For it is written: “He will command his angels concerning you to guard you carefully; they will lift you up in their hands, so that you will not strike your foot against a stone. Luke 4:10 – 11
I was deathly afraid of escalators, though no one knew it at the time. That changed, one particular Saturday morning at Harvey’s Department Store.
Harvey’s, known for its golden-saddled carousel horses hanging above the front entrance, was the largest store I’d ever stepped into as a four-year-old shopper. Colorful displays of bedspreads, dishes, and dresses enticed us from every corner. Clasping my mother’s hand, I stepped into what was sure to be an exciting adventure.
But then came the escalator; a moving black mountain that stretched all the way up to Heaven. Flat steps rolled out in front of us, and the black handrail squealed underneath my hand, as I tried to slow it down.
Mom tiptoed onto their steps with ease, but my feet locked into place. She turned toward me but her hand slipped out of mine. “Mooooooommmmmmyyyyyyyy!”
Her eyes widened as she mouthed words I could not hear. Her face reddened as each step opened in front of me, separating us further.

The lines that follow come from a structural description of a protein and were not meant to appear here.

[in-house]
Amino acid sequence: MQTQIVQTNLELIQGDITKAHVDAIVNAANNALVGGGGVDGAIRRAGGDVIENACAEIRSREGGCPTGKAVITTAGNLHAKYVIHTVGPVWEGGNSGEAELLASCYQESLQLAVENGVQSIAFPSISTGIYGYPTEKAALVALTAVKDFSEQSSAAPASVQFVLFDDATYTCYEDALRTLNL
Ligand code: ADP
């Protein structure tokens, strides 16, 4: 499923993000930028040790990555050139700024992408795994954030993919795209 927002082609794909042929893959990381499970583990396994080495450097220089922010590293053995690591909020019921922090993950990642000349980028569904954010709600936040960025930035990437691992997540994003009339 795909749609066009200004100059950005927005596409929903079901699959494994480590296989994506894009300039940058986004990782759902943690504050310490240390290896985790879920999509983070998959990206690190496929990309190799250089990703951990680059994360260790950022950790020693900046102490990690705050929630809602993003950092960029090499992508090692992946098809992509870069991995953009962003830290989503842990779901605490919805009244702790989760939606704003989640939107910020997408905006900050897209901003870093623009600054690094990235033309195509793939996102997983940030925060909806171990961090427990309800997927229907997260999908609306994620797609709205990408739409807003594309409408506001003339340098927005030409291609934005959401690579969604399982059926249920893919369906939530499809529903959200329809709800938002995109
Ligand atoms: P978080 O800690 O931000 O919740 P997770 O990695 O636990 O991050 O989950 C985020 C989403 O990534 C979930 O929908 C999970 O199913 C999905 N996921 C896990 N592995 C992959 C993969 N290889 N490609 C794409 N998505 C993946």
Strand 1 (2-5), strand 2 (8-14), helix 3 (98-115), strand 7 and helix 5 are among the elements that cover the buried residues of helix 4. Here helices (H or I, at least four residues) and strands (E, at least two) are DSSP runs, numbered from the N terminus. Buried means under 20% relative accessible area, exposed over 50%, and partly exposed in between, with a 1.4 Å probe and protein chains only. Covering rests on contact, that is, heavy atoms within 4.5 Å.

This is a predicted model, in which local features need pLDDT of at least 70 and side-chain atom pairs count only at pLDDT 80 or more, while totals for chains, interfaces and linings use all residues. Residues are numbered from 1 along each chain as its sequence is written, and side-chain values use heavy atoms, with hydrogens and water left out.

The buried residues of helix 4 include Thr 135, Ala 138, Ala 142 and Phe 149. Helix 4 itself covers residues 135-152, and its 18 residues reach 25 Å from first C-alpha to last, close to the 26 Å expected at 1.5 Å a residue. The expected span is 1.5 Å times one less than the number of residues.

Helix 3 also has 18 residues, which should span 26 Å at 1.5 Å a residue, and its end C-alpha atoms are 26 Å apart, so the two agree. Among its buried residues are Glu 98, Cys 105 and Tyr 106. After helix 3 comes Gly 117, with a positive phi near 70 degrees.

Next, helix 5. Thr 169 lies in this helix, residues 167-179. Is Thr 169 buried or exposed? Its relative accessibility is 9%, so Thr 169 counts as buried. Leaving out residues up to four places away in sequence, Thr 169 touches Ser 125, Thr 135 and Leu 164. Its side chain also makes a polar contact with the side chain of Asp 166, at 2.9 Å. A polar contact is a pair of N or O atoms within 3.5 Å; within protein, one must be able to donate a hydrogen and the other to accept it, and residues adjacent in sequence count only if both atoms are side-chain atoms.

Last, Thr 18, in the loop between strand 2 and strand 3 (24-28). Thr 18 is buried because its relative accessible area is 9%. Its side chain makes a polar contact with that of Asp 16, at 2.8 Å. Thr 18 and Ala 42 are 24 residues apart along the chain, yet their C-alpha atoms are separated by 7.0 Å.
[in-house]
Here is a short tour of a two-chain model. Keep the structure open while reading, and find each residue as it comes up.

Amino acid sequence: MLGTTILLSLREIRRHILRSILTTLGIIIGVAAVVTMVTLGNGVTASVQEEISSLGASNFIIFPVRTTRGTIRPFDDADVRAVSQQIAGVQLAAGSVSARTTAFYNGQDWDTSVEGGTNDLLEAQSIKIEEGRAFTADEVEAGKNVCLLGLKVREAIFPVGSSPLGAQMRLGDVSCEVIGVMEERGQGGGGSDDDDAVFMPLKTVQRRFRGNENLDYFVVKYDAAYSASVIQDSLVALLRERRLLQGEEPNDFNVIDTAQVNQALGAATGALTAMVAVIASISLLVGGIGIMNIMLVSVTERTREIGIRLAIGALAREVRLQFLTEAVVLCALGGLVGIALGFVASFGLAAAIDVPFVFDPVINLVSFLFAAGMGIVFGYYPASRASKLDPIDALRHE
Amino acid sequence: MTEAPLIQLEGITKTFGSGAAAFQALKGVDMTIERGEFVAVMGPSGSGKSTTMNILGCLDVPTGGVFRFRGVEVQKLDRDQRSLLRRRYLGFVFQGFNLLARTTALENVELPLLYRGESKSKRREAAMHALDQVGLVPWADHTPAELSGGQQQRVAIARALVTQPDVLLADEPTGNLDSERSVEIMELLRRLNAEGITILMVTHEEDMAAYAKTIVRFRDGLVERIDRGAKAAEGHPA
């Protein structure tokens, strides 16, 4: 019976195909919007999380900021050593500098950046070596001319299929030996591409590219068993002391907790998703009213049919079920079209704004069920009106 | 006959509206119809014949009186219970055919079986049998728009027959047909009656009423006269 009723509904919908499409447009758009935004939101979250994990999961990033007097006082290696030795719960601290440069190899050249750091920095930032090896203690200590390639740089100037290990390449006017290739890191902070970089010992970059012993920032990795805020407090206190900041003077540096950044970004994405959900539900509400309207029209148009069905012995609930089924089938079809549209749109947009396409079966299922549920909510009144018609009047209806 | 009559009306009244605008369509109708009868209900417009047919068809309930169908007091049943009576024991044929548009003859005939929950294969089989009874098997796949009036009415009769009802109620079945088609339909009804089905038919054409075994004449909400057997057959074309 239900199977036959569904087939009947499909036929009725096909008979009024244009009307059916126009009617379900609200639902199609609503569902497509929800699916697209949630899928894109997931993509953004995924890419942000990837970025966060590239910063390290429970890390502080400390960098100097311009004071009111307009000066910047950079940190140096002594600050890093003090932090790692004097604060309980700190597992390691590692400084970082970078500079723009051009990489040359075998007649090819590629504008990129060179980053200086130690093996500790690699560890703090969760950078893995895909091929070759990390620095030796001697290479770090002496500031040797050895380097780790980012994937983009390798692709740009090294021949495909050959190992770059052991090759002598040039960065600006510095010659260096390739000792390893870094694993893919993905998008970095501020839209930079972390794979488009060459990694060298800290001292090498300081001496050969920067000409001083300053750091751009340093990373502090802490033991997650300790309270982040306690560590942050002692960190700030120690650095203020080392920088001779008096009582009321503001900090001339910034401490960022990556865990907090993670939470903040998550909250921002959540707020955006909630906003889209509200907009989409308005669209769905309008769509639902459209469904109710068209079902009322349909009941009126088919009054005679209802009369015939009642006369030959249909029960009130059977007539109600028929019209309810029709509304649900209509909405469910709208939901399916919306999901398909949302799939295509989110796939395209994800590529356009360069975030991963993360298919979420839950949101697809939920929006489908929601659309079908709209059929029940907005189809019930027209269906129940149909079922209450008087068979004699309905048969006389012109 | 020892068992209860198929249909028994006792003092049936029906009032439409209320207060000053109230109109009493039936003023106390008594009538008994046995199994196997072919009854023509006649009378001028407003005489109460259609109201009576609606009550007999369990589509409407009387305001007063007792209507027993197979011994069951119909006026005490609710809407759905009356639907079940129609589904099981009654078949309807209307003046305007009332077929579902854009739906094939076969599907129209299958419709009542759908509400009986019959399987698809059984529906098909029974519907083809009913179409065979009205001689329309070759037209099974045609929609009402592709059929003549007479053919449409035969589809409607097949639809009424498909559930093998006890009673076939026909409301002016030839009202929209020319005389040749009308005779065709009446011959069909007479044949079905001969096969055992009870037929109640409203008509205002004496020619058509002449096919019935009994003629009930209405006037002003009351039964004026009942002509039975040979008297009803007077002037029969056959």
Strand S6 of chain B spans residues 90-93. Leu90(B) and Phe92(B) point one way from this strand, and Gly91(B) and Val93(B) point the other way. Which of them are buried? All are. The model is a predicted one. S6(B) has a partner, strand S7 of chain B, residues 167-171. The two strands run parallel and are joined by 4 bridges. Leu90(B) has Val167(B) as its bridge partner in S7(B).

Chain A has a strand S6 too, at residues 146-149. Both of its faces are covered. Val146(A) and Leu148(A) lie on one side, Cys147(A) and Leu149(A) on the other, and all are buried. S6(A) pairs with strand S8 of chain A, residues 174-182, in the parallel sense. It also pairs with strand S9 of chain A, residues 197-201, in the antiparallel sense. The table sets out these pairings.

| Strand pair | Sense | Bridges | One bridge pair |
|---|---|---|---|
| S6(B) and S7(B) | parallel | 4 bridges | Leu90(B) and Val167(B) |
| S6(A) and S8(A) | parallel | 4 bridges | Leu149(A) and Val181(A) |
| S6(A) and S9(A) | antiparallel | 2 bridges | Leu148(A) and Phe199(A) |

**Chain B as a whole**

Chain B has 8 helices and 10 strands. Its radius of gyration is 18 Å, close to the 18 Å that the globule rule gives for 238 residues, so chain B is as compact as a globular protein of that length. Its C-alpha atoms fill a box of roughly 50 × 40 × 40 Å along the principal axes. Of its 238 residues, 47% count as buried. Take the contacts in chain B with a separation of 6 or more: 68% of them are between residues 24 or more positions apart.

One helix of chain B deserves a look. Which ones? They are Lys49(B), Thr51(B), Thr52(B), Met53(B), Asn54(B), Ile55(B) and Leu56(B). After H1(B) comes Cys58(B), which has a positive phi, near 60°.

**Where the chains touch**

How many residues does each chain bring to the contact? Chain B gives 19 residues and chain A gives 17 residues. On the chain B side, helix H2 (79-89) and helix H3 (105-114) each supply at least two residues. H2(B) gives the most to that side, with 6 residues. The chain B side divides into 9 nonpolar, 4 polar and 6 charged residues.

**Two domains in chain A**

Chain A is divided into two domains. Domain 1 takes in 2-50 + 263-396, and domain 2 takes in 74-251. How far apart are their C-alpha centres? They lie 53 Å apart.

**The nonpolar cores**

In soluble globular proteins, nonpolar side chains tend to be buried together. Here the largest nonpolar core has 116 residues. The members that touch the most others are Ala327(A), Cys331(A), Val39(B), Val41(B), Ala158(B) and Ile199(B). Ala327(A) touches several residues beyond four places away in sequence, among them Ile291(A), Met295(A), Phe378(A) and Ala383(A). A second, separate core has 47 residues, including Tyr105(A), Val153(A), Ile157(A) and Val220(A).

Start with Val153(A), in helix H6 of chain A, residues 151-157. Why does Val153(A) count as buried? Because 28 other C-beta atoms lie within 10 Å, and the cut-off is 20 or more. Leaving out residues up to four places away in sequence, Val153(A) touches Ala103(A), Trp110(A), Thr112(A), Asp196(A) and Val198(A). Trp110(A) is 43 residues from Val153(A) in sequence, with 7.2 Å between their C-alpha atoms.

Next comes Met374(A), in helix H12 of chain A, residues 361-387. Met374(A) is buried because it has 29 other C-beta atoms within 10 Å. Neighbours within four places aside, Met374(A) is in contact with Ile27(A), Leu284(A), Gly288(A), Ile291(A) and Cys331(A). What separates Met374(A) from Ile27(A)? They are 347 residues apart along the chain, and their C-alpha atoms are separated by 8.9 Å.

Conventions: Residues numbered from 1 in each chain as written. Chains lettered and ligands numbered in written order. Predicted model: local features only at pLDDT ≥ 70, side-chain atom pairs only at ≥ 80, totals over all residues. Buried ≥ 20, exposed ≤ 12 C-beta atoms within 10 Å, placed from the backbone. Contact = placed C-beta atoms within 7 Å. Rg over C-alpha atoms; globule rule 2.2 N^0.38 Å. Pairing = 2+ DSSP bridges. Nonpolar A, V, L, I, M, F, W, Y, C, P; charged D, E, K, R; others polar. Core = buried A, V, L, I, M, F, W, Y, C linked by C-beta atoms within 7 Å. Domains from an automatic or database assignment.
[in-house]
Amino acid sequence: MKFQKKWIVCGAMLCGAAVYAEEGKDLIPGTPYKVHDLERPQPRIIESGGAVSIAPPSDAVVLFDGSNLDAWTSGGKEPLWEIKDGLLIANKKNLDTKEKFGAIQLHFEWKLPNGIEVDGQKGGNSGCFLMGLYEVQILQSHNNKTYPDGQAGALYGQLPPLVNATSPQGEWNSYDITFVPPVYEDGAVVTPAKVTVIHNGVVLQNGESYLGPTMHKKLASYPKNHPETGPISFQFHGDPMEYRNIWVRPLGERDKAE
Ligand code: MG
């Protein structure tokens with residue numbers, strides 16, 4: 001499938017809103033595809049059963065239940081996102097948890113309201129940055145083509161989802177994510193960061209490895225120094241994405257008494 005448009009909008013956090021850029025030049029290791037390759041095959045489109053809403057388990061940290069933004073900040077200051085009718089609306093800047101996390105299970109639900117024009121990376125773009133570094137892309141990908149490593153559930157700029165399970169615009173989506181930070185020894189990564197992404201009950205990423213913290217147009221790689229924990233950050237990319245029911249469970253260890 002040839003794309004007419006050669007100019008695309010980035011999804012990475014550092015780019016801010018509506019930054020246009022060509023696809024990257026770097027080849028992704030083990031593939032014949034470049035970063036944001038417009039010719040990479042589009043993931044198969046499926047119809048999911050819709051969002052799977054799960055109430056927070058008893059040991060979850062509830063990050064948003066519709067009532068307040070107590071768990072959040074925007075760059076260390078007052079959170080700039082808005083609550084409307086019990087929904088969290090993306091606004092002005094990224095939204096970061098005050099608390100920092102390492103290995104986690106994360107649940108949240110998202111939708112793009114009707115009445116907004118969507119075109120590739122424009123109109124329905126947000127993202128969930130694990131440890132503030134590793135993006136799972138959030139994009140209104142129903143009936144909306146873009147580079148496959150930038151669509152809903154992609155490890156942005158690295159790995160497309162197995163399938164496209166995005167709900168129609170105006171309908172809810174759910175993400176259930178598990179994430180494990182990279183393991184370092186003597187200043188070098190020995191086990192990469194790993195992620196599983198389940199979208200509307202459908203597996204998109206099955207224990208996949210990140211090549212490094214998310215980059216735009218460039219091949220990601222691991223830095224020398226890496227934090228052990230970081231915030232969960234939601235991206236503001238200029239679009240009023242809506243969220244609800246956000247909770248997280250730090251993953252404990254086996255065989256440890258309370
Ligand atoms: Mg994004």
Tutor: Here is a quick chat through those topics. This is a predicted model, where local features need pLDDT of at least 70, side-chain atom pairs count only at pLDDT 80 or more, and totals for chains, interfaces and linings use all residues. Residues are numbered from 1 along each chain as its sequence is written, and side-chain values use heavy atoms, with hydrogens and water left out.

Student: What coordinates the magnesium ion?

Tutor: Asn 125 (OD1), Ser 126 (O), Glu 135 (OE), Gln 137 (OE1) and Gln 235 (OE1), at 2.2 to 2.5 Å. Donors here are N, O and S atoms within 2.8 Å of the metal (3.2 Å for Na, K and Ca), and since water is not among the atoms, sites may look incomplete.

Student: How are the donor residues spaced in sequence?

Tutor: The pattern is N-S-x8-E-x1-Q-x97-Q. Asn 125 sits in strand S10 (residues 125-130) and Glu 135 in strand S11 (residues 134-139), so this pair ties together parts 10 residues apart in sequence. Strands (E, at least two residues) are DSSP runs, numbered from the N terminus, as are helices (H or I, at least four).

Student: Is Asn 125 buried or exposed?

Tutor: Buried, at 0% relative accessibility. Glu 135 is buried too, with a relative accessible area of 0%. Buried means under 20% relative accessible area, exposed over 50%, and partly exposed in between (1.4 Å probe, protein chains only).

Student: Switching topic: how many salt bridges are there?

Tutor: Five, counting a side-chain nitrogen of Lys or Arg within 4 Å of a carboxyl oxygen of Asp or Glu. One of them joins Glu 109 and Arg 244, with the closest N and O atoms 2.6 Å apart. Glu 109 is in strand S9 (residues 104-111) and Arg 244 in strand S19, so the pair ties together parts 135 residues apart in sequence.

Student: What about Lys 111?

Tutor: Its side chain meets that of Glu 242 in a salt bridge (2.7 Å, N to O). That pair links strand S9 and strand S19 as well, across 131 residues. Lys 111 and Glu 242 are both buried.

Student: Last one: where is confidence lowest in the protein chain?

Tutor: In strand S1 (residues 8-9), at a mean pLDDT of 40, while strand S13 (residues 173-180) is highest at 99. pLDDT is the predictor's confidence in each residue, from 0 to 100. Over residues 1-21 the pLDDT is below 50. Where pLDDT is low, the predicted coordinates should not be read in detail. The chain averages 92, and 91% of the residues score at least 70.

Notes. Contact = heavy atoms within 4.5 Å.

“Mooooommmmmmmmyyyyyyyy!” My cries grew louder.
A crowd gathered behind me, my legs spread, blocking the entrance. I screamed even louder. Mommy paced back and forth. The solution, the down escalator, would take her completely out of my sight; a terrifying idea for both of us.
Suddenly, a man scooped me up from behind, silencing my cries with an even bigger jolt of fear.
“It’s ok,” he spoke; his voice, so deep, it vibrated inside my body.
Conquering the slippery steps, two-at-a-time, he placed me into my mother’s arms. Her voice cracked as she thanked him. I buried my head into her neck, wiping my tears on her clothes. By the time I looked up, he was gone. My unseen hero remained unseen.
After that day, all I knew was it felt great to be carried, especially in the scariest of situations.
This is just what I need from God. Every day. Every slippery step of the way.
To be carried is effortless. The carrier does all the work. To be carried is to rest, trust, and wait, and the sooner we surrender, the sooner He can deliver us to safety. Let Him carry you.
Photo courtesy of Microsoft.com free image gallery
Janet is the author of the book, The Parent’s Guide to Uncluttering Your Home, released in May of 2011. She currently writes on such topics as faith, family, writing, teen issues, and of course, the process of uncluttering. Janet launched Abbandoned Ministries late in 2010, which leads others through speaking and writing to seek God as Abba during times of abandonment. For additional information, visit her websites at http://www.abbandoned.com or http://janetmorrisgrimes.com.